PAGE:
- Karin Öberg is Professor of Astronomy and Director of Undergraduate Studies in the Department of Astronomy at Harvard University. Planetary formation—or stars and stellar evolution—is a focus of her research. She is a member of the Board of Directors of the Society of Catholic Scientists. See her CV here.
- Öberg spoke of her first academic route to astronomy being via chemistry rather than physics. She discovered the field of astrochemistry while an undergraduate at the California Institute of Technology. She earned her PhD in astrophysics at Leiden University in the Netherlands.
- She joined the faculty at the University of Virginia in 2012. One year, later, she received an assistant professorship at the Harvard-Smithsonian Center for Astrophysics, which is located at Harvard.
- Öberg was baptized as a Christian in her youth but then drew away from the faith. She said she never adopted an atheistic, materialistic perspective largely because of two key principles she holds to: moral realism and one’s personal agency as an individual making free decisions.
- During her college years, Christianity remained a living question for her partly because of the friends with whom she associated. Books influenced her deeply: Lord of the Rings, The Screwtape Letters, The Abolition of Man, Mere Christianity, and Orthodoxy. This combination brought her back to Christianity, first in the Anglican Church.
- After joining the faculty at Harvard, she completed a two-year RCIA program at St Paul’s Parish in Harvard Square to join the Catholic Church. One concern she felt in her new Catholic experiences, she said, was that the statements in the Mass did not always seem to line up with personal beliefs articulated by individuals.
- Öberg said she has not personally experienced any bias against her Catholicism at Harvard, and indeed she has felt welcomed in the astronomy community and among other colleagues. She helps to mentor some Catholic and Christian students. Some Catholic colleagues have experienced prejudice, in the biology department, for example. She said one factor is that her research does not touch on any controversial subjects. But she wants to let students know they should not be anxious about living out their Catholic faith because of fear of prejudiced encounters. Overall, being open about one’s faith has a net positive effect on oneself and others, despite occasional crosses one might have to bear.
In this episode we have Jonathan Lunine on the podcast, this time talking to him about his own spiritual journey from Judaism to Catholic Christianity, and from the secular surface of life as a scientist to a deeper life where the beauty of science is one prominent part of a larger whole of human experience. We also get the chance to discuss some of his work in studying the planets during the era when they changed from objects seen through a telescope to worlds we can map and even sample and bring back to our laboratories.
- Jonathan Lunine, a planetary scientist at Cornell University, is a member of the board of the Society of Catholic Scientists. He spoke of the influence of reading Carl Sagan’s The Cosmic Connection and receiving Sagan’s advice for pursuing a career in astronomy.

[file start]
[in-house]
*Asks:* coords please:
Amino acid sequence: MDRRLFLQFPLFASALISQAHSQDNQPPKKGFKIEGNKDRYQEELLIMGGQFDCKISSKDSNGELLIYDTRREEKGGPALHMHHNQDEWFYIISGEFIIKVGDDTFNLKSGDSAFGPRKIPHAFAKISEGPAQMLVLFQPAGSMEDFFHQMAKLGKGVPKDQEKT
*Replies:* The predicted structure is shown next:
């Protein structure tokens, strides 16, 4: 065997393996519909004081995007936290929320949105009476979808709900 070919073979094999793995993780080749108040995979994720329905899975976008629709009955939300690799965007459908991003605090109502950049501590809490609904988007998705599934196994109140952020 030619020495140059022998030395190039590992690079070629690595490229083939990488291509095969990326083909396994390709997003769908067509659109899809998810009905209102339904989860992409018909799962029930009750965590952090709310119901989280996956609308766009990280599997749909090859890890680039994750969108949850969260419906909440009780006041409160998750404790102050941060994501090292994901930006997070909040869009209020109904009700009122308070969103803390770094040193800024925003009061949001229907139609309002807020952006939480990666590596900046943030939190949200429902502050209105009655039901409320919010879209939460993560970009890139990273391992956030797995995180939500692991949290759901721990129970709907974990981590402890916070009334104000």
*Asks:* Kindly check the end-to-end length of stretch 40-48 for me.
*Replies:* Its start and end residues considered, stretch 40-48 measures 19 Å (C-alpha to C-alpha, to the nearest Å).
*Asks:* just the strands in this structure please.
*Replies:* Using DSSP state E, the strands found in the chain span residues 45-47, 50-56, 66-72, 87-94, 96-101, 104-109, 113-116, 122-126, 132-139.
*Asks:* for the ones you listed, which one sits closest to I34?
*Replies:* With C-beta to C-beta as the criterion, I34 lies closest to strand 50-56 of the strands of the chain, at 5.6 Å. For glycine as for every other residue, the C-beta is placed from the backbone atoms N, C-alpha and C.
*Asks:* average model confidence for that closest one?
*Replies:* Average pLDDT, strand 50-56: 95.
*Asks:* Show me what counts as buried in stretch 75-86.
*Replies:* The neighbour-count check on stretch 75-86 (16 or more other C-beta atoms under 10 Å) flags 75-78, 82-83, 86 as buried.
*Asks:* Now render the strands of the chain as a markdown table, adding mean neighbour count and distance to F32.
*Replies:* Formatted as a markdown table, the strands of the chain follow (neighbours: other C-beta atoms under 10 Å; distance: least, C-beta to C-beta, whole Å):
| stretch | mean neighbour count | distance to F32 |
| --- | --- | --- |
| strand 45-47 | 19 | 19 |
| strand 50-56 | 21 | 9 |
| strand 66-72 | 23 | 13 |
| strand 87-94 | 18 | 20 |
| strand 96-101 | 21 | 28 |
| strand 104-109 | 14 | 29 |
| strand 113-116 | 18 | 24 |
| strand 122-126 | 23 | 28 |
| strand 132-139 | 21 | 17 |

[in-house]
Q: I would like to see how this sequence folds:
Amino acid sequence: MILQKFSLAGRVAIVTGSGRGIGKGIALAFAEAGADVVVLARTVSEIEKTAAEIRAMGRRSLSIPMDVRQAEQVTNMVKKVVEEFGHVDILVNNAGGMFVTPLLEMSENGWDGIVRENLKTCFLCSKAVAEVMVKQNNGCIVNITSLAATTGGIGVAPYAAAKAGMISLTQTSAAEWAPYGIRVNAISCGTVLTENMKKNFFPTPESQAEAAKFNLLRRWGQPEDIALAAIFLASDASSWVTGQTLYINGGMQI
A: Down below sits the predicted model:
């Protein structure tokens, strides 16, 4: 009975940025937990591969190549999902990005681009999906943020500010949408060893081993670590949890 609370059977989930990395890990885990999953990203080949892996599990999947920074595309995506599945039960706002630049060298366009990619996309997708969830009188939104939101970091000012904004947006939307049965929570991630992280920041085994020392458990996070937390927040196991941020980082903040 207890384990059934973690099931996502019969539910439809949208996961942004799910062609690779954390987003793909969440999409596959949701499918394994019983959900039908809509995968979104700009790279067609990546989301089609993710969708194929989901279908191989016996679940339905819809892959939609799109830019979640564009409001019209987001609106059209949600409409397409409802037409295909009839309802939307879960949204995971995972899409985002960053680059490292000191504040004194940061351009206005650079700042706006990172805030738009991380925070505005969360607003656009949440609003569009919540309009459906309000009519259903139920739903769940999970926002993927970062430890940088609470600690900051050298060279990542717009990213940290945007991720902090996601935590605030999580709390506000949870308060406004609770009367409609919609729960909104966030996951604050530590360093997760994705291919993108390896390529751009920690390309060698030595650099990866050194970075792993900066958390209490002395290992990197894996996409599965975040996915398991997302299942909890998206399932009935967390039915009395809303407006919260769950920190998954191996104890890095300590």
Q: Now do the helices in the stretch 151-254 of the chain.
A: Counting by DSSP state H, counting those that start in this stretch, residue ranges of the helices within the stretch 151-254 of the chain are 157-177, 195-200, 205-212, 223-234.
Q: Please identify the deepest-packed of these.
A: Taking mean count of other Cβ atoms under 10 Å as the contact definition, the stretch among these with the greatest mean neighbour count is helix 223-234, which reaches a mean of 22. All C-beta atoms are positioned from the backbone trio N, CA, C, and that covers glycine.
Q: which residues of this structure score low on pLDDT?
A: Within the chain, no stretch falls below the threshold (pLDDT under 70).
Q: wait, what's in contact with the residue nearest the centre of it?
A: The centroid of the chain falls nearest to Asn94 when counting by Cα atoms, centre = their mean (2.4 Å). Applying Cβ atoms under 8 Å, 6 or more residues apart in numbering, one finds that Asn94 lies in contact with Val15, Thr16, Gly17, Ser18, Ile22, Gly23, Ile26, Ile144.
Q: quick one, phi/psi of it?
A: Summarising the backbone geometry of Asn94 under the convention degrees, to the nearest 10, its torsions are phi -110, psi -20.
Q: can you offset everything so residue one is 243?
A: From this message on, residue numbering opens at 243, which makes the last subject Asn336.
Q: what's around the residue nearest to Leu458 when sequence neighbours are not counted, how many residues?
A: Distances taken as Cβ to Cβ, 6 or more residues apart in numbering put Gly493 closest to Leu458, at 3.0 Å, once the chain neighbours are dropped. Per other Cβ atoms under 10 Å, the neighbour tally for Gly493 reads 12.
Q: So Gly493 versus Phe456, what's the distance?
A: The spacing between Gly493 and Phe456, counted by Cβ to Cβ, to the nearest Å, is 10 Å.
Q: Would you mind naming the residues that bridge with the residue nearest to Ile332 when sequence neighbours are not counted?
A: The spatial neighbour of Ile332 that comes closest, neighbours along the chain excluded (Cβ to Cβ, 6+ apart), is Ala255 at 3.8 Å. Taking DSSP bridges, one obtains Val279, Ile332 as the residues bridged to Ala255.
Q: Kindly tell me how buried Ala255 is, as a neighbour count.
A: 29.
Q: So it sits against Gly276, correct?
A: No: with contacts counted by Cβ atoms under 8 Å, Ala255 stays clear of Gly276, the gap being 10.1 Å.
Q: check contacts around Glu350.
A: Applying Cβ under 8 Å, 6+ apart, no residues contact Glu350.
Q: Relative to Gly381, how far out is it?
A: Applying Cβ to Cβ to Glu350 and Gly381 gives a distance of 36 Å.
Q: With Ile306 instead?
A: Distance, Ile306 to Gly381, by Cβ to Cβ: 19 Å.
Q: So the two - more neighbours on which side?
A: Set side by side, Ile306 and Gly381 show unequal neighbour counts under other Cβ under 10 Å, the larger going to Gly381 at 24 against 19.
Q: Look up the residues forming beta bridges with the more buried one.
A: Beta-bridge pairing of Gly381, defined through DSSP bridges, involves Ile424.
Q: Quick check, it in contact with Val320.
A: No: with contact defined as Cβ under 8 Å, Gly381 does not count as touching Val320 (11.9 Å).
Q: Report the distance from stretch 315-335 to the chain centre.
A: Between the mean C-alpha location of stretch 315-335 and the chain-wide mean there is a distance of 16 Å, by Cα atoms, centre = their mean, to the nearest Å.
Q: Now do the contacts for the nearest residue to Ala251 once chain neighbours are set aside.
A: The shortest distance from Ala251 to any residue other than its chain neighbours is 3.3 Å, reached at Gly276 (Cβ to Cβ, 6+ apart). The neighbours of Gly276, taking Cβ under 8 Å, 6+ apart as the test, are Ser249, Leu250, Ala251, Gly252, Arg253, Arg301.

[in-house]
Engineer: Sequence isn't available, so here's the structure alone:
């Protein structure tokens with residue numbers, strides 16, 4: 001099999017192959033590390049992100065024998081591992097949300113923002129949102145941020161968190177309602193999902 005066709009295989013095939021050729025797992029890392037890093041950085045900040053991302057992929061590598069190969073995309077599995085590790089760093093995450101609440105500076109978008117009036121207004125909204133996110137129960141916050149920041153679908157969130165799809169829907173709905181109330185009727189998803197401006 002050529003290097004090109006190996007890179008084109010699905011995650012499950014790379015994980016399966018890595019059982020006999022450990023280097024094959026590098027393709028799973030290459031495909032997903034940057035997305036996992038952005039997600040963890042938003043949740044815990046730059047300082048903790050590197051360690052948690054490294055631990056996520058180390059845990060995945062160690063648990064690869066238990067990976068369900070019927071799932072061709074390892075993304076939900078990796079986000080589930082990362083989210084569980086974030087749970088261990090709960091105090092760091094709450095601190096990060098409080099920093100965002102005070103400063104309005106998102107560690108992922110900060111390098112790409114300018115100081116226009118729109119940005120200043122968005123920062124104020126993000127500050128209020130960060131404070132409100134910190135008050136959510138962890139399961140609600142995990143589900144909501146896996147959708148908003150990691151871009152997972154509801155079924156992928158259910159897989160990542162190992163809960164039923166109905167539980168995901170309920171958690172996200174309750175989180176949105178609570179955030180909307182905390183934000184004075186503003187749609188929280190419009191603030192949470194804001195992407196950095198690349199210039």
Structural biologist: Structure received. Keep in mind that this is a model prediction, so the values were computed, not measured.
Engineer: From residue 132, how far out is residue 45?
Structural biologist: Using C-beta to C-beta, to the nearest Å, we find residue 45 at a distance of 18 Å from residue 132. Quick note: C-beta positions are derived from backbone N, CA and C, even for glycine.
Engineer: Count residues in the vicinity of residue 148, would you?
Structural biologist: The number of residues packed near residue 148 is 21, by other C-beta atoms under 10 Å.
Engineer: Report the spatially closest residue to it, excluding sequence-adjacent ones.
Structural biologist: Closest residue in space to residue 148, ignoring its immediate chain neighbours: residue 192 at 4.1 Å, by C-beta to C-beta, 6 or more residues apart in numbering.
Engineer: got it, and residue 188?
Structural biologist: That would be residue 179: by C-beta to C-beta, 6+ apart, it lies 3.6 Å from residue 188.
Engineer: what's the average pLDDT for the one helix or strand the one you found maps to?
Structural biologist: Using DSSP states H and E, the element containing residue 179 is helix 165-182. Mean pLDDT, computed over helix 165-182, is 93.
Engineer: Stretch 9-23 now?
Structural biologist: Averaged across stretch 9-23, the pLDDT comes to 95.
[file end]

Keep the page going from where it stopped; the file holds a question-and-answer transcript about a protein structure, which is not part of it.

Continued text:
- Dr. Lunine has been on the scientific teams leading several missions of space exploration, including Cassini and, now, the James Webb Space Telescope.
- He described his early spiritual journey, seeing how science and religion could be intertwined. The journey took him from Jewish family roots to a Methodist church and then to Catholicism. He spoke of being impressed by the connection between the Catholic faith and its Jewish roots.
- Astronomers have been excited to learn of the abundance of planets to be found in our galaxy. As Dr. Lunine pointed out, thanks to initiatives like the New Horizons spacecraft, we have turned our “cosmic backyard” into a place where we can study an enormous variety of geology “and even, potentially, biology.”
- He expressed gratitude for astronomers and others who became role models embracing the compatibility between science and faith. A key figure, about whom he has made presentations, is the Belgian priest Georges LeMaitre, known as the father of the big bang theory.
This was one of our most enjoyable conversations, and we definitely hope to have Dr. Lunine back on the podcast again.
- For background on Fr. Machia and Dr. Vanden Berk and this interview, see the show notes for Episode 68.
- In Episode 69, we mentioned approvingly one of the many books about Galileo, who was central to Fr. Machia’s talk at the conference. The book is Galileo’s Daughter. Contrary to a still-commonplace assumption in popular culture and the average person’s understanding of history, Galileo did not see his life as one centered on conflict with the Catholic Church.
- People’s instincts to see a huge conflict between science and religion in our own time deserve to be taken seriously. Co-host Paul points out that, even in his youth, he was interested in the polemic potential between his faith and his interest in geology. This was crystallized (no pun intended) by his reading of Great Geological Controversies, published in 1983 by Oxford University Press. It identified challenges—among scientists themselves—which were raised to previous understandings in geology.
- How can scientists of faith, such as the members of the Society of Catholic Scientists, play a role in addressing the conflict between science and religion as it exists today? They can act as witnesses to the compatibility of the two fields of knowledge in their own lives, said Dr. Vanden Berk.
- Fr. Machia pointed out that, as expressed by Saint John Paul II, one key to the compatibility is that one discipline does not pretend to do what the other does. Don’t read the Bible as a science text, he said, since science is not what the Bible is about; it spends a relatively tiny amount of time on subjects that might be construed to be science-focused. The two fields of knowledge have their own distinct competencies.
- Saint John Paul II wrote about the compatibility of science and religion. Here’s an essay by noted bioethicist Father Tad Pacholczyk on the subject, drawing from John Paul’s insights.